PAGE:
This blog is one in a series by experts across the Center for Global Development ahead of the IMF/World Bank Spring Meetings. Each post in the series will put forward a tangible policy “win” for the World Bank or the broader MDB system that the author would like to see emerge from the Spring Meetings. Stay tuned for the rest of the series in the coming days.
The World Bank shouldn’t become a dedicated climate bank: that’s not what its client countries want, and the global development agenda (the D in IBRD and IDA) is still urgent. But, with additional finance, the Bank could play an important part in the global response to the climate challenge. That should be the focus of this year’s Spring Meetings discussions.
Across the 43 World Bank client countries surveyed in 2020-21, less than 6 percent of respondents listed climate as one of their country’s top development priorities. As a priority for Bank engagement, the issue ranked particularly low in IDA countries. This makes sense given what we know about climate change and its impacts. First, even in thirty years’ time, current low-income countries are likely to be consuming just two percent of the world’s electricity supply. They are just not a major part of the mitigation story, and pushing them to prioritize mitigation is an assault on rights, utility, and equity. Second, development is a powerful tool of adaptation, urgently required because it is poor countries that will bear the brunt of climate change. We’re probably still thirty years at least from the World Bank’s Dream of a World Free of Poverty at the far-too-low poverty line of $2.15 a day: development remains an urgent priority.
Meanwhile, more than four fifths of climate finance is used in middle-income countries, which is appropriate given they are a bigger part of the mitigation challenge. There’s a considerable role for the World Bank to provide that finance at scale. What’s not appropriate is that the $48 billion in subsidies funneled through the World Bank to date has so inefficiently used, with returns in terms of greenhouse gas emissions averted per dollar that vary by more than a hundredfold. And there is no simple, agreed approach to improve the efficiency of grant financing for mitigation. Not least, it’s a fantasy that we can use a few billion in subsidies to directly unlock trillions in private capital, and anyway, most of the investment needed to support mitigation and adaptation is public, not private (83 percent of infrastructure investment in developing countries is public, for example). What makes the problem worse is that, at the moment, we are poaching development finance from poor countries to finance climate mitigation in richer countries.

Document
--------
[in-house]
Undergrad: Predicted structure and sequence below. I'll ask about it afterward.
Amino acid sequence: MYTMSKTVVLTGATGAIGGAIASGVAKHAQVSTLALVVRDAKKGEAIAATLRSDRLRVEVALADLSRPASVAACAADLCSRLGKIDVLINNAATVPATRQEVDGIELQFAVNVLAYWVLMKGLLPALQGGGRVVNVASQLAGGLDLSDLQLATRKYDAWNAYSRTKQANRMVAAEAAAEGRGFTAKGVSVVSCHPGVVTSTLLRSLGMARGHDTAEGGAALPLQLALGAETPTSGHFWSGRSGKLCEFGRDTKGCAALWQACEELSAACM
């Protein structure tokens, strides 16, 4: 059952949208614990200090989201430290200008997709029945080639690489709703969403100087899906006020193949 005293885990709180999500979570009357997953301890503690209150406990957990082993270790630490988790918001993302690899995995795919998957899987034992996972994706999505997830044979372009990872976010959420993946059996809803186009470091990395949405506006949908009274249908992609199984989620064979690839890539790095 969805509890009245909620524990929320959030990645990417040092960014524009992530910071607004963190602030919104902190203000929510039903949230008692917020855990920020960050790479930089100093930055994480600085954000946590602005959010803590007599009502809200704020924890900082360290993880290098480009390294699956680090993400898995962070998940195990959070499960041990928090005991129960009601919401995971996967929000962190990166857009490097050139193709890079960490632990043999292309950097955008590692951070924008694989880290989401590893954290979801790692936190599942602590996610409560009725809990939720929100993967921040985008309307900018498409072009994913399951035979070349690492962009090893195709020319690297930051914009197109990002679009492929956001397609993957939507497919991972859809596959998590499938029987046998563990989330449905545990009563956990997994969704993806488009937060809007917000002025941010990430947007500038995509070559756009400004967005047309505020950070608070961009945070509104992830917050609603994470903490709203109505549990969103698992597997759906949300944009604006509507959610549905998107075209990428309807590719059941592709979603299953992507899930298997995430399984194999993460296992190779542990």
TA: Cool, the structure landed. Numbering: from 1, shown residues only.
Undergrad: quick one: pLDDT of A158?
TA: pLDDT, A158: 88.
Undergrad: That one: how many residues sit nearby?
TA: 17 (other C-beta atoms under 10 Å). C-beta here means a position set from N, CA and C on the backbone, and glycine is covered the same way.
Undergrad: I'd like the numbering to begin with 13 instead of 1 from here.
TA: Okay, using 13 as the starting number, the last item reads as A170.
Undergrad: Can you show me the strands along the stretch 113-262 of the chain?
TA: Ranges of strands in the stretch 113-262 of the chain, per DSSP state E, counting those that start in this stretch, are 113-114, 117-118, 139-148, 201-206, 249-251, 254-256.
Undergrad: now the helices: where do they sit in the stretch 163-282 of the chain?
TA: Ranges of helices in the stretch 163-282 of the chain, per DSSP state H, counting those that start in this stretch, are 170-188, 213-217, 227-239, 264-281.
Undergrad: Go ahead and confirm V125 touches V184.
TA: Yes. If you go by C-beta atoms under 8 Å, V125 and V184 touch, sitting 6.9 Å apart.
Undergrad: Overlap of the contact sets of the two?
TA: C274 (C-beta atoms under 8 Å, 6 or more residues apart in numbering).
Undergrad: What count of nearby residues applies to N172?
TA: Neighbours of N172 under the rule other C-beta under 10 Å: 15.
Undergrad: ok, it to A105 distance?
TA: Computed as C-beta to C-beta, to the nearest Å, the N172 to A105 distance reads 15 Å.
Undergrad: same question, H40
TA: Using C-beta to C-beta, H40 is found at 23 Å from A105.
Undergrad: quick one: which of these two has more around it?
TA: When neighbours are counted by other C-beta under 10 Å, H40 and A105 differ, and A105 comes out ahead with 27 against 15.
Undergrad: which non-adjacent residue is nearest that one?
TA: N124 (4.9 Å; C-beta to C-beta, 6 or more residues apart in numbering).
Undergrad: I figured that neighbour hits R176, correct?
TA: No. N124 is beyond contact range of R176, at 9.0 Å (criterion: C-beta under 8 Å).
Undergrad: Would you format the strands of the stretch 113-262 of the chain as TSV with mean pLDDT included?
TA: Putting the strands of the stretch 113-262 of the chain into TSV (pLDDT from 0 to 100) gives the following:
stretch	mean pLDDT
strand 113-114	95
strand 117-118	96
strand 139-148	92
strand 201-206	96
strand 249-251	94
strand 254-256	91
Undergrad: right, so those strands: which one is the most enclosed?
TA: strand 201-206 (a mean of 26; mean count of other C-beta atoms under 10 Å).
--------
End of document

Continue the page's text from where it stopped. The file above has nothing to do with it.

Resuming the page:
But the World Bank doesn’t have to waste subsidies on inefficient mitigation. It can make IBRD loans for mitigation spending more attractive without them. Countries would be much more willing to borrow from the IBRD for climate spending if its lending wasn’t so bureaucratic. There’s an irony that more climate borrowing will be deterred by social and environmental safeguards on investment projects that add a total of nearly a year to World Bank project approval compared to policy lending—that’s to say nothing of considerably slower disbursement and the complexities of following World Bank procurement rules. The average project subject to environmental review takes about seven years to close, compared to fifteen months for policy lending.
All of this is why I want to see the World Bank’s governors agree to pursue a climate-dedicated capital increase at this year’s Spring Meetings, an idea Scott Morris and I wrote about two years ago. IBRD interest rates remain considerably below what most middle-income countries can borrow from private financiers. If they could obtain (comparatively) hassle-free policy loans from the Bank in support of their Nationally Determined Contributions to global greenhouse gas emissions reduction it would help middle-income countries meet investment costs, it would bring donors closer to meeting their $100 billion financing commitments, and it would preserve concessional finance for the countries that need it most to develop and adapt.